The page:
Honestly I think your making your upgrade decision hard for yourself.
     
  12. Elton

    Elton Officially a Whisky Nerd

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    Whoops I meant to say vanilla ivy bridge. Not in ib-e
     
  13. azrael-

    azrael- I'm special...

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    I use my system for anything and everything. Also, at any given point I only have one system. I simply haven't got room for more than that. I find that my E8400 is getting a bit long in the tooth. As is my graphics card. Also a faster system is always of value when compiling code... :)

    A bit OT, but I'm often shocked that people are so blasé about their data. Backup, while extremely important, only helps to a certain extent, because you might just as easily backup corrupted data without realizing it.
     
  14. bdigital

    bdigital Is re-building his PC again

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    Regarding being shocked.....

    For most people its just a case of risk and impact. The risk of my system having a hiccup and corrupting/losing data may be 'medium', but the impact to me is 'low' because it really just doesnt matter that much (to me). Therefore i dont rank its importance in my hardware choices very high. I dont know about the others posting here, but i would assume that they are similar?

    But if Data security / integrity is a prime requirement of yours, then i can see why you want ECC.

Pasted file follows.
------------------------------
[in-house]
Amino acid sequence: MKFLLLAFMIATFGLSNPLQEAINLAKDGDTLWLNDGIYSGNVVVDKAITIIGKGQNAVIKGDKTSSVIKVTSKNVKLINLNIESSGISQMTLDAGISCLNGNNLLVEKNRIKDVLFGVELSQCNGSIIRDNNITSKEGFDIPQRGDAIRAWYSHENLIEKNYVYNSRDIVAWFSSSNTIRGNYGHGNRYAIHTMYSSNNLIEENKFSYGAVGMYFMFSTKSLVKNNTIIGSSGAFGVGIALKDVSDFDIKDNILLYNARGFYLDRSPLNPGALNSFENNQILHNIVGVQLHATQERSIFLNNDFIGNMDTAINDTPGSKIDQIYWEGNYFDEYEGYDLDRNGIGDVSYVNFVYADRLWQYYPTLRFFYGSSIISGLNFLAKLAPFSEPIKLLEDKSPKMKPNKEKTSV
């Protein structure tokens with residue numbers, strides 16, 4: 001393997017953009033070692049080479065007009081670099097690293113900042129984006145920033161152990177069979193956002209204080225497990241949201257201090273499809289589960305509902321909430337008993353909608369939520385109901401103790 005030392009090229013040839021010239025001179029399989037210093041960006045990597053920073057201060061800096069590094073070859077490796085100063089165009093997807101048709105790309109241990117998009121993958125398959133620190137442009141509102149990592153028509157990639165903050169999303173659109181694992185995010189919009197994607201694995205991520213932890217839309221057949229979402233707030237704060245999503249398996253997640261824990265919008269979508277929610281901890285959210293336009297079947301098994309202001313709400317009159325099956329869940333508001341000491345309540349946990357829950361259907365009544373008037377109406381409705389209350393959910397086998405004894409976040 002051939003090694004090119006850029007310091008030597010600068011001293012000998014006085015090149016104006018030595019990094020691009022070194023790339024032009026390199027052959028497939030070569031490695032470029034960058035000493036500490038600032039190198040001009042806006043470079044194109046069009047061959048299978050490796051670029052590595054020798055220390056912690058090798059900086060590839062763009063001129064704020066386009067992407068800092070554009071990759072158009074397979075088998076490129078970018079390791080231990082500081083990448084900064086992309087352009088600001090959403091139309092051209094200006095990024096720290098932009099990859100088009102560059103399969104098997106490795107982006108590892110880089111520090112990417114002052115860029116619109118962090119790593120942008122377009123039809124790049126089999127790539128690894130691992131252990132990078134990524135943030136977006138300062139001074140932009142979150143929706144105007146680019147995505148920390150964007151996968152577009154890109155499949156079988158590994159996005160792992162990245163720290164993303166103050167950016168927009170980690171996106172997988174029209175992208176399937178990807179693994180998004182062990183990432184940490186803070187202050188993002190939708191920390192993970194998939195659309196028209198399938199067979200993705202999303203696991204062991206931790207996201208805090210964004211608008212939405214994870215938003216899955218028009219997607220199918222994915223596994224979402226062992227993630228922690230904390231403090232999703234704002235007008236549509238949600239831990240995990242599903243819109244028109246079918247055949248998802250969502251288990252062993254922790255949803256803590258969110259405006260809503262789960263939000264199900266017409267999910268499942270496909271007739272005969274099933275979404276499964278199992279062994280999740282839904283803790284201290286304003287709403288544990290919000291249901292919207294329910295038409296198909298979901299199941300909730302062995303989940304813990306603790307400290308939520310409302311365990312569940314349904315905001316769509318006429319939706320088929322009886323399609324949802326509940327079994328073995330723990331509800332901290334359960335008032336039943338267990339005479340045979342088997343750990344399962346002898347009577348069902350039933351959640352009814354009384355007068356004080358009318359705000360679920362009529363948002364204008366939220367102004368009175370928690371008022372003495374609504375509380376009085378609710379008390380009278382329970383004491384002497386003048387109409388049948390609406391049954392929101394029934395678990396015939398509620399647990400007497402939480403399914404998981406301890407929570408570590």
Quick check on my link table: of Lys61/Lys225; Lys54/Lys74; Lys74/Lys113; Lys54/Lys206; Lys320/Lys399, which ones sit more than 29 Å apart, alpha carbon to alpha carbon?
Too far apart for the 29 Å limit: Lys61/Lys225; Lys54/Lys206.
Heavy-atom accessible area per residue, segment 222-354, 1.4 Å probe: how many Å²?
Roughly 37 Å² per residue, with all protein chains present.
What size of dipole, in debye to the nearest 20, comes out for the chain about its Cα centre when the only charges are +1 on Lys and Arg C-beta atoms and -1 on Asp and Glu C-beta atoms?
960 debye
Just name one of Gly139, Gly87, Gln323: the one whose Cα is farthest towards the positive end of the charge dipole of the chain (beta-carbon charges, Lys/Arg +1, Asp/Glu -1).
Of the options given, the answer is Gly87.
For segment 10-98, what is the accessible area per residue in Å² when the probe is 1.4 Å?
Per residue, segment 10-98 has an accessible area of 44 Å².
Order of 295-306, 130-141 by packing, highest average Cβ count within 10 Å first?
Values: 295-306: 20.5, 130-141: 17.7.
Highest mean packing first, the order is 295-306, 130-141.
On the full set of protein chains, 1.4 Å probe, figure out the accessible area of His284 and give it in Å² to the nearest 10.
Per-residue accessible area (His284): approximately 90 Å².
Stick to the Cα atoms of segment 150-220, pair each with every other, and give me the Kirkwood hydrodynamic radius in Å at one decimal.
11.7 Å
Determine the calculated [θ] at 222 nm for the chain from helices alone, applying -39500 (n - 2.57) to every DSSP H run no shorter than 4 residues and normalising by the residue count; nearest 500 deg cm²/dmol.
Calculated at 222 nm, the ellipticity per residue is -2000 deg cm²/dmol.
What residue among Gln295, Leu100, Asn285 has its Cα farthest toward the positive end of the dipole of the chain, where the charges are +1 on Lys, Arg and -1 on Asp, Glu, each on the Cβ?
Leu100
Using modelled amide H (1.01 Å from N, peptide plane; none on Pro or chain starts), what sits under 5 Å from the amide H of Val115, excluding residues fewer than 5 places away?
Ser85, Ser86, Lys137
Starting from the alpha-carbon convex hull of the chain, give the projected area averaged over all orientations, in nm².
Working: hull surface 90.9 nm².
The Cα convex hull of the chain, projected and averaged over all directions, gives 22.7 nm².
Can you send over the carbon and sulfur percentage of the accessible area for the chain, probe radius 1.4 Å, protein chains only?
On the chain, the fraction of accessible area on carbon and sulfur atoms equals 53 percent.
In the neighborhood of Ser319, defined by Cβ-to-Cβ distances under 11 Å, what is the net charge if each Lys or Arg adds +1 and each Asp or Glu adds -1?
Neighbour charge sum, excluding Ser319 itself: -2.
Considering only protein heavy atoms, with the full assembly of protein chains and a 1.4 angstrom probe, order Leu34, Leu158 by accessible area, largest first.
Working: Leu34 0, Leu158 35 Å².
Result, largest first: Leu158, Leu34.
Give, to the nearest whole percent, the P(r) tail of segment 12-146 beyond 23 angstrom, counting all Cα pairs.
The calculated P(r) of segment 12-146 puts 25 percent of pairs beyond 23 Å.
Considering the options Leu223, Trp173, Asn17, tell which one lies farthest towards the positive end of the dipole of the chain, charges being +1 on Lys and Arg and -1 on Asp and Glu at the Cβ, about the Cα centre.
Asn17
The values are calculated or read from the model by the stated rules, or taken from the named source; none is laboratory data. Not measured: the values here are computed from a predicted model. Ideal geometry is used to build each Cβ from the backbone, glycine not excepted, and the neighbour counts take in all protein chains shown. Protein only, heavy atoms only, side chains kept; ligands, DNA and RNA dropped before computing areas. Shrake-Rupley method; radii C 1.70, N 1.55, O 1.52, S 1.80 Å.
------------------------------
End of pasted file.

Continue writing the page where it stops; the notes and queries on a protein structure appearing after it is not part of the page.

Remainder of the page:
If im entirely honest i didnt realise it was that much of an issue, but then again, you probably use your system for more critical tasks than i do (hence my question).

    Good luck and I hope you get something suitable :thumb:
     
  15. donok

    donok Every Little Helps .....

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    I think its time for you to stop with the ecc addiction. maybe find a class or something. lool

    on a serious note just use the regular stuff it does 99% of us just fine. building a pc from scratch just due to ecc memory requirements is ridiculous. your spending so much more just for ecc memory.

    all hardware can fail

    just get a ivy bridge system that will do your needs on cpu and gpu requirements and forgo the ecc memory. if your worried about losing data then get 2 nas drives in different locations and also buy data space online then sync them all up to backup your data.